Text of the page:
Today is H.G. Well's Birthday. Wells, as every school boy knows, is the author of The War of the Worlds, The Invisible Man, The Food of the Gods, and many many other books, including my personal favorite The Time Machine. I bet I've read the first chapter of The Time Machine fifty times. There's just something about that opening scene where the time traveler and his friends gather around the small model of the time machine prior to the model being sent whirling off into the future that fascinates me. The care with which Wells set up that scene is amazing. It's the thing that pulls the reader into the book and makes him believe that maybe time travel could be possible if one just had the proper mathematics.
If memory serves, I saw the George Pal movie The Time Machine before I read the book, but probably not by much. I read the novel fairly early on. I loved that movie as well and my cousin and I built several full size mock ups of the time machine from plywood and leftover parts from chicken brooders. (My family once raised chickens and there were quite a few big sheet metal structures left over. We tore them apart and built things with them throughout my childhood.) Oh, and Nicolas Meyer's 1979 film Time After Time, which features a time traveling H.G. Wells pursuing Jack the Ripper to present day San Francisco, is another favorite.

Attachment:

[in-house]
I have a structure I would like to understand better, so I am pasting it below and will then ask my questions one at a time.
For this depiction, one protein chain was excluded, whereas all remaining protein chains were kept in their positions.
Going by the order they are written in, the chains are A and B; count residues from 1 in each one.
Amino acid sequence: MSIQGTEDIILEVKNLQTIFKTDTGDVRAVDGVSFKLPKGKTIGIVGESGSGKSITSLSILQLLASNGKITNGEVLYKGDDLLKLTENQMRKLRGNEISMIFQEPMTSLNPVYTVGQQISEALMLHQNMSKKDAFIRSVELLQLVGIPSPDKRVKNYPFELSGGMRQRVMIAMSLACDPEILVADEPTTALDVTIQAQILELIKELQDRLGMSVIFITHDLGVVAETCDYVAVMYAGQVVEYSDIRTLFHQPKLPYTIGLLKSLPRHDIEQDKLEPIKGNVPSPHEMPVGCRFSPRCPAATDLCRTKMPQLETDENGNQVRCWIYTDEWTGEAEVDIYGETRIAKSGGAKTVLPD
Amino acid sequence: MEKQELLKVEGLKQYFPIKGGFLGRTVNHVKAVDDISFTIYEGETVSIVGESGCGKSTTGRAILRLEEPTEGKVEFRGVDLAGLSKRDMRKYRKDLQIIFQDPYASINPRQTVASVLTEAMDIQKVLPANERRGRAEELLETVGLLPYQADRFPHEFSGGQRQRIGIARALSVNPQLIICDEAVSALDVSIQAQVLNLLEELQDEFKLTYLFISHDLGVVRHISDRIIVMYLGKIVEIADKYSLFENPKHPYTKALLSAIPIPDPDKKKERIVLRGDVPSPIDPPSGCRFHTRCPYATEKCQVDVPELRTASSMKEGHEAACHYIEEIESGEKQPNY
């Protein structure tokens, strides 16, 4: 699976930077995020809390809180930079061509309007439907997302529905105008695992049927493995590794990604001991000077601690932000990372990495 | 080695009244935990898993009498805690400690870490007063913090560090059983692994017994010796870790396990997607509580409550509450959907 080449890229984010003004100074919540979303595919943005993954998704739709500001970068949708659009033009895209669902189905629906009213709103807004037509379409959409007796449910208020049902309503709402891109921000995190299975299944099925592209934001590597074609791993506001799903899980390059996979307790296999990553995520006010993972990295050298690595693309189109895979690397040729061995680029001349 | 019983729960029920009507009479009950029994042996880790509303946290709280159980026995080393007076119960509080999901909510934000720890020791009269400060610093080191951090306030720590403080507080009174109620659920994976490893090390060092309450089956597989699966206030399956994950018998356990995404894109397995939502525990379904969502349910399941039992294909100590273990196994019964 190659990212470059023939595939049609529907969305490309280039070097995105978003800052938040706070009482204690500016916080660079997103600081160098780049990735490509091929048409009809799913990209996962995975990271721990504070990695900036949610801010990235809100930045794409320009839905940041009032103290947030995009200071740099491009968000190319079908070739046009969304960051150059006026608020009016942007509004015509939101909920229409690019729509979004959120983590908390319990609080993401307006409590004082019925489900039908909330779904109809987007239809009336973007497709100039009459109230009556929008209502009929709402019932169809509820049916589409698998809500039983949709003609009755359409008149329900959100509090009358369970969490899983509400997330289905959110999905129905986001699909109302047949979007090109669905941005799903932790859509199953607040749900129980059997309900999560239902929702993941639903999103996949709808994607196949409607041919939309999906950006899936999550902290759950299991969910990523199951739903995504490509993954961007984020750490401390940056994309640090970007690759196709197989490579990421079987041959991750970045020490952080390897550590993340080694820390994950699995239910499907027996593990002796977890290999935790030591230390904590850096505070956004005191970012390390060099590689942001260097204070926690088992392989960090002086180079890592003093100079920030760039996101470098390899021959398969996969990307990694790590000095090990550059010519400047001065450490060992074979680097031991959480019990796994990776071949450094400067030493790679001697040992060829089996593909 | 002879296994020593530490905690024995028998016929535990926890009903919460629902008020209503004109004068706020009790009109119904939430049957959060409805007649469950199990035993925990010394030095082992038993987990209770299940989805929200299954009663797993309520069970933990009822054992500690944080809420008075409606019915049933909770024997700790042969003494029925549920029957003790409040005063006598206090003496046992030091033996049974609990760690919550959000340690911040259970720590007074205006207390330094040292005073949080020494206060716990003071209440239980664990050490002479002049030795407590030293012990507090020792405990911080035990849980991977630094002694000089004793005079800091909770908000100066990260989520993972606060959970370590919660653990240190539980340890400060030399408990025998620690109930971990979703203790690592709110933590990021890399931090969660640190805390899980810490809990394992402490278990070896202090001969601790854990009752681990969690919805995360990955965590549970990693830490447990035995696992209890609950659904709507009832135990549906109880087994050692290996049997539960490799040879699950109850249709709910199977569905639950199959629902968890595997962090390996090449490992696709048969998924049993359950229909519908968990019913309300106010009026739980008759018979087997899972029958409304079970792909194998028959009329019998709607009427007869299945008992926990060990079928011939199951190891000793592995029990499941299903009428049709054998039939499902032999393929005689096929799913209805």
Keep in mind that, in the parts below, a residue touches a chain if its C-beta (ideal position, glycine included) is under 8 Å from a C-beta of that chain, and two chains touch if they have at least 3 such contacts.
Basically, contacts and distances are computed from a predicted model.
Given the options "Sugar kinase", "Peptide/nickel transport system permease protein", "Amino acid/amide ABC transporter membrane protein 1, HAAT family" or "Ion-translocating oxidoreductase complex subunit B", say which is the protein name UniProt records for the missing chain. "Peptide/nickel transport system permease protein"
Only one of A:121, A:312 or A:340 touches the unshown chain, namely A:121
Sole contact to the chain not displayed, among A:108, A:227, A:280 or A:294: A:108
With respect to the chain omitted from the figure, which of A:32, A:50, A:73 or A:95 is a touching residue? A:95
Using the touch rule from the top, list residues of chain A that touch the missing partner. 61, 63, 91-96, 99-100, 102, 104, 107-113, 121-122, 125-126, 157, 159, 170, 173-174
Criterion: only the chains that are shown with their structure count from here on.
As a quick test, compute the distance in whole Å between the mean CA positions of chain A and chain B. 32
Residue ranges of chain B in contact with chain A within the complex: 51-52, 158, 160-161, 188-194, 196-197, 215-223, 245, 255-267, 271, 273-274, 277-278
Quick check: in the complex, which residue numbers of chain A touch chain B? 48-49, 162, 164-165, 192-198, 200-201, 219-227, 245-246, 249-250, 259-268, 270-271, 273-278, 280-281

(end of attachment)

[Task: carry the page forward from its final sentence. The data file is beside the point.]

Along with Jules Verne, Wells was considered one of the fathers of science fiction and certainly many of the concepts he created have been used over and over through the years. War of the Worlds, The Island of Doctor Moreau, The Shape of Things to Come, The Food of the Gods. Amazing stuff.
I used Wells as a character in a story once and ended up reading a couple of Biographies for research. David C. Smith's H.G. Wells: Desperately Mortal was probably my favorite. Might have to give that a re-read at some point. Anyway, Herbert George Wells remains a classic author all these years later and someone who has given the world much to think about. So Happy Birthday H.G.